Monday, October 4, 2010

Cuccinelli reissues CID that complies with the judge’s ruling

As promised August 30: Cuccinelli will issue new CID to conform with judge’s ruling

“In general, we do not discuss ongoing investigations,” said Cuccinelli. “We are issuing this statement in response to inquiries resulting from the CID becoming public and in response to incomplete information in the public realm.”

RICHMOND (October 4, 2010) – Attorney General Ken Cuccinelli announced today that consistent with Judge Paul M. Peatross, Jr.’s August 30 ruling, his office reissued a civil investigative demand (CID) on September 29 to the University of Virginia. The new CID has been drafted to comply with the judge’s ruling, contains information the judge believed was necessary, and is more limited in scope than the prior CIDs. The CID will attempt to obtain information necessary to continue an investigation into whether or not fraud was committed against the commonwealth by Dr. Michael Mann while he was a professor at UVa.

“While the CID was drafted to comply with the judge’s ruling, we do not believe that the ruling was correct in all of its particulars. Accordingly, we have noted that we will appeal the ruling while continuing our ongoing investigation,” said Cuccinelli.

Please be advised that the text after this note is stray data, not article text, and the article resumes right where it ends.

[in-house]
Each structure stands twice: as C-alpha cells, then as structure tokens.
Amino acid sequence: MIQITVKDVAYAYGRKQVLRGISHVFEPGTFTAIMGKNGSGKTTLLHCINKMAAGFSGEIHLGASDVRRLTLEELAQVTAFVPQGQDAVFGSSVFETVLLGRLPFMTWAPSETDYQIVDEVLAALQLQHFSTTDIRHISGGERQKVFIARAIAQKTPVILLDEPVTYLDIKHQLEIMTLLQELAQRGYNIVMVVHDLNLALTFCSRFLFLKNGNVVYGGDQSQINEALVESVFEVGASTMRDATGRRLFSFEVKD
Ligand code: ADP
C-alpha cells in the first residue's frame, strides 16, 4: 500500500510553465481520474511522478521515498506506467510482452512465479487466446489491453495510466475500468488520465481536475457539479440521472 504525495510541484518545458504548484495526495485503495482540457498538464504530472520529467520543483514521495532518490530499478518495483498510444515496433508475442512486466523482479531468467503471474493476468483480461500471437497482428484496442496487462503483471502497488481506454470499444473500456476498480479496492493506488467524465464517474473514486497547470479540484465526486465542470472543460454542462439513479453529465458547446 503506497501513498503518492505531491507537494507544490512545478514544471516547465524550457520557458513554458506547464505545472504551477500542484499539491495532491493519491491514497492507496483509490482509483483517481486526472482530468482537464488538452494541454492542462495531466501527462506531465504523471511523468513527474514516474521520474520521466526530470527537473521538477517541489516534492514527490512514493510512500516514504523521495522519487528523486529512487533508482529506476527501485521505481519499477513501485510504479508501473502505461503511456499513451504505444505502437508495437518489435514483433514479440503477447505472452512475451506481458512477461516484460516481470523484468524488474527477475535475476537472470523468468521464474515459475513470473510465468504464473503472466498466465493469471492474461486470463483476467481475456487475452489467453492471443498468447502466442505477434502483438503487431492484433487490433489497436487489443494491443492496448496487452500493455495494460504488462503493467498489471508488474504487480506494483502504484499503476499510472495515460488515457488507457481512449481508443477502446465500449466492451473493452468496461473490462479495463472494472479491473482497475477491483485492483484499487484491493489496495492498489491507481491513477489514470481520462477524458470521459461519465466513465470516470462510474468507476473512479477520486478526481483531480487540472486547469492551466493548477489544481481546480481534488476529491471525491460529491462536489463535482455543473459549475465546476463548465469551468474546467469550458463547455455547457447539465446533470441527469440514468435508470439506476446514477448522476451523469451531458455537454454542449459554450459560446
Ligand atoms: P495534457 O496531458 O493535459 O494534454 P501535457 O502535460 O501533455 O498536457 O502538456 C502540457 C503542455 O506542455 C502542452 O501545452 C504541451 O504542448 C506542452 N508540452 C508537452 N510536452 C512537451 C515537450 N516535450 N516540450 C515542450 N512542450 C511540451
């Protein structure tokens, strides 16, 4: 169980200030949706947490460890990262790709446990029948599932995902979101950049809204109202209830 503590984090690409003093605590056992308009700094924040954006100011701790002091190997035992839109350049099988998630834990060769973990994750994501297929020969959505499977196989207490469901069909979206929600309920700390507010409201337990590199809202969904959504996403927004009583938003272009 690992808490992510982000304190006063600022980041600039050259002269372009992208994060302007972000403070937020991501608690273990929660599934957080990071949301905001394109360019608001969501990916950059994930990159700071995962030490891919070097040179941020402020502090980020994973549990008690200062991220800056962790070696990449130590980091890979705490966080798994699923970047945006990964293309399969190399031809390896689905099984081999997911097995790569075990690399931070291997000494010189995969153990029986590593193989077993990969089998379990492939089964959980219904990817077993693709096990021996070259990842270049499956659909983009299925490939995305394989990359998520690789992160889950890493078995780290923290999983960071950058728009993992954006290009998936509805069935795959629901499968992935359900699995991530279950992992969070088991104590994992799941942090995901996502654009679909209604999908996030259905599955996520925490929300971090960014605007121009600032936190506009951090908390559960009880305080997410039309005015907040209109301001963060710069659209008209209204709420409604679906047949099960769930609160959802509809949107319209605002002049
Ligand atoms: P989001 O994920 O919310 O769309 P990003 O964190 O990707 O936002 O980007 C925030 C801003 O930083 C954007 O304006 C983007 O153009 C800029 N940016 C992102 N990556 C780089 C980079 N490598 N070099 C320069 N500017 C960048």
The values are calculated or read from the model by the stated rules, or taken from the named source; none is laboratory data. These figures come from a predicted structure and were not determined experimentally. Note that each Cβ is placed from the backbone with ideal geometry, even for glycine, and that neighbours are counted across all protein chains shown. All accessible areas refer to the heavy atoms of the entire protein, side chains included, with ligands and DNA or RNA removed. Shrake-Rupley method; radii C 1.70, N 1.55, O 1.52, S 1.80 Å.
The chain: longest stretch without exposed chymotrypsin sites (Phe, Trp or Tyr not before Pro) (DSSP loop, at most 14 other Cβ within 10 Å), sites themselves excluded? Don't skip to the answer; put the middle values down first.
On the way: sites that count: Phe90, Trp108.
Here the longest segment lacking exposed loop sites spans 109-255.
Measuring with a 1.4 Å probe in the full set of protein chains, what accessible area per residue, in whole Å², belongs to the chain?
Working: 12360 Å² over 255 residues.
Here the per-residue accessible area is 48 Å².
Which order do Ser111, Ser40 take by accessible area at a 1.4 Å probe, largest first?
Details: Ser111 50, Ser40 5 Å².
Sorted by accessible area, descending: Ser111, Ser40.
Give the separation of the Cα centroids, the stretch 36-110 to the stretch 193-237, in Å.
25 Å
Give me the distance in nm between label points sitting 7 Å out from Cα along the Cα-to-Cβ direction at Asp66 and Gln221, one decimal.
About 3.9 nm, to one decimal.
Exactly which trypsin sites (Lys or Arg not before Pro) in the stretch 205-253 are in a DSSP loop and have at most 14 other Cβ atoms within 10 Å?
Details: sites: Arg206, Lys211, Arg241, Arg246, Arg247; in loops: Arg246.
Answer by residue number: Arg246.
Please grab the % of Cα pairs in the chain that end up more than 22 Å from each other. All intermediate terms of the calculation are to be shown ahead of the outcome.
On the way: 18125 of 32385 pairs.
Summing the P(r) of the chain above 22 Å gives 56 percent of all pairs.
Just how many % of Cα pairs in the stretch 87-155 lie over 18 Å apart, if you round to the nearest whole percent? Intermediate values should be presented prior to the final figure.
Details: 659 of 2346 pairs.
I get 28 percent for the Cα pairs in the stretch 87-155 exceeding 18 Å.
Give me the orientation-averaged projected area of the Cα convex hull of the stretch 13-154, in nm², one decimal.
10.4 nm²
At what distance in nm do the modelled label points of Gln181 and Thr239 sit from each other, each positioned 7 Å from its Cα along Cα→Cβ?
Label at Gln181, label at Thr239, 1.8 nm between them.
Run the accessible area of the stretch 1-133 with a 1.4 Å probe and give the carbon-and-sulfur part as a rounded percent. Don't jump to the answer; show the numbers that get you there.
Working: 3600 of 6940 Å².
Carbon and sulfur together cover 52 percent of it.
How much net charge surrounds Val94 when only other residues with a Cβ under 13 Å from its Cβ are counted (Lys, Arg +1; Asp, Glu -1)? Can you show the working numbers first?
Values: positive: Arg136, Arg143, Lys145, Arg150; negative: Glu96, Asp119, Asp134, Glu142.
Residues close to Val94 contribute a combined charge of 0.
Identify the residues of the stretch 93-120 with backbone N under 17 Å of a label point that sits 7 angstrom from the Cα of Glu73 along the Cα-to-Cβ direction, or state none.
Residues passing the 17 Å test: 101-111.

In his ruling, Judge Peatross agreed with the attorney general’s argument – and UVa conceded in court – that there is no First Amendment bar (ie. academic freedom) that prevents the attorney general from looking into Dr. Mann’s work documents at UVa. The emails and documents requested by the original and the new CID are all property belonging to the Commonwealth of Virginia. The CID seeks none of Mann’s private emails or documents.

Through the CID process and the court hearing, UVa admitted that it did have at least some of Mann’s emails and other documents, even though under previous FOIA requests, the university said that it did not.

The attorney general’s office is investigating whether there is sufficient evidence to warrant prosecuting Mann under the Virginia Fraud Against Taxpayers Act (FATA). If Mann knowingly used research containing manipulated or deceitful data to obtain taxpayer-funded research grants, he could be liable under FATA.

Cuccinelli stated several reasons why he is moving forward with his investigation:

In his ruling, Judge Peatross stated that, “…the University of Virginia is a proper subject for a CID, and the Attorney General may investigate grants made with Commonwealth of Virginia funds to professors such as Dr. Mann.”

· Dr. Mann’s Hockey Stick graph is based on suspect data. Others have shown that random numbers can be put into Mann’s algorithm, and they always produce a hockey stick graph.

· The Muir Russell report from the University of East Anglia itself said that a process that Mann had used – later termed the “trick” to “hide the decline” in Mann’s graph (splicing data from different sources) – was potentially misleading.

· If a private vendor were alleged to have submitted false receipts to a state agency for reimbursement, the attorney general would use FATA to investigate. This situation is no different.

Cuccinelli has limited the CID to the emails and documents related to one state grant Mann received.

The attorney general is the sole official charged with enforcing Virginia’s Fraud Against Taxpayers Act.

The case is The Rector and Visitors of the University of Virginia v. Kenneth T. Cuccinelli, II, Attorney General of Virginia.

Posted By Valerie Garner

Categories: Politics, State Politics

Tags: , , ,


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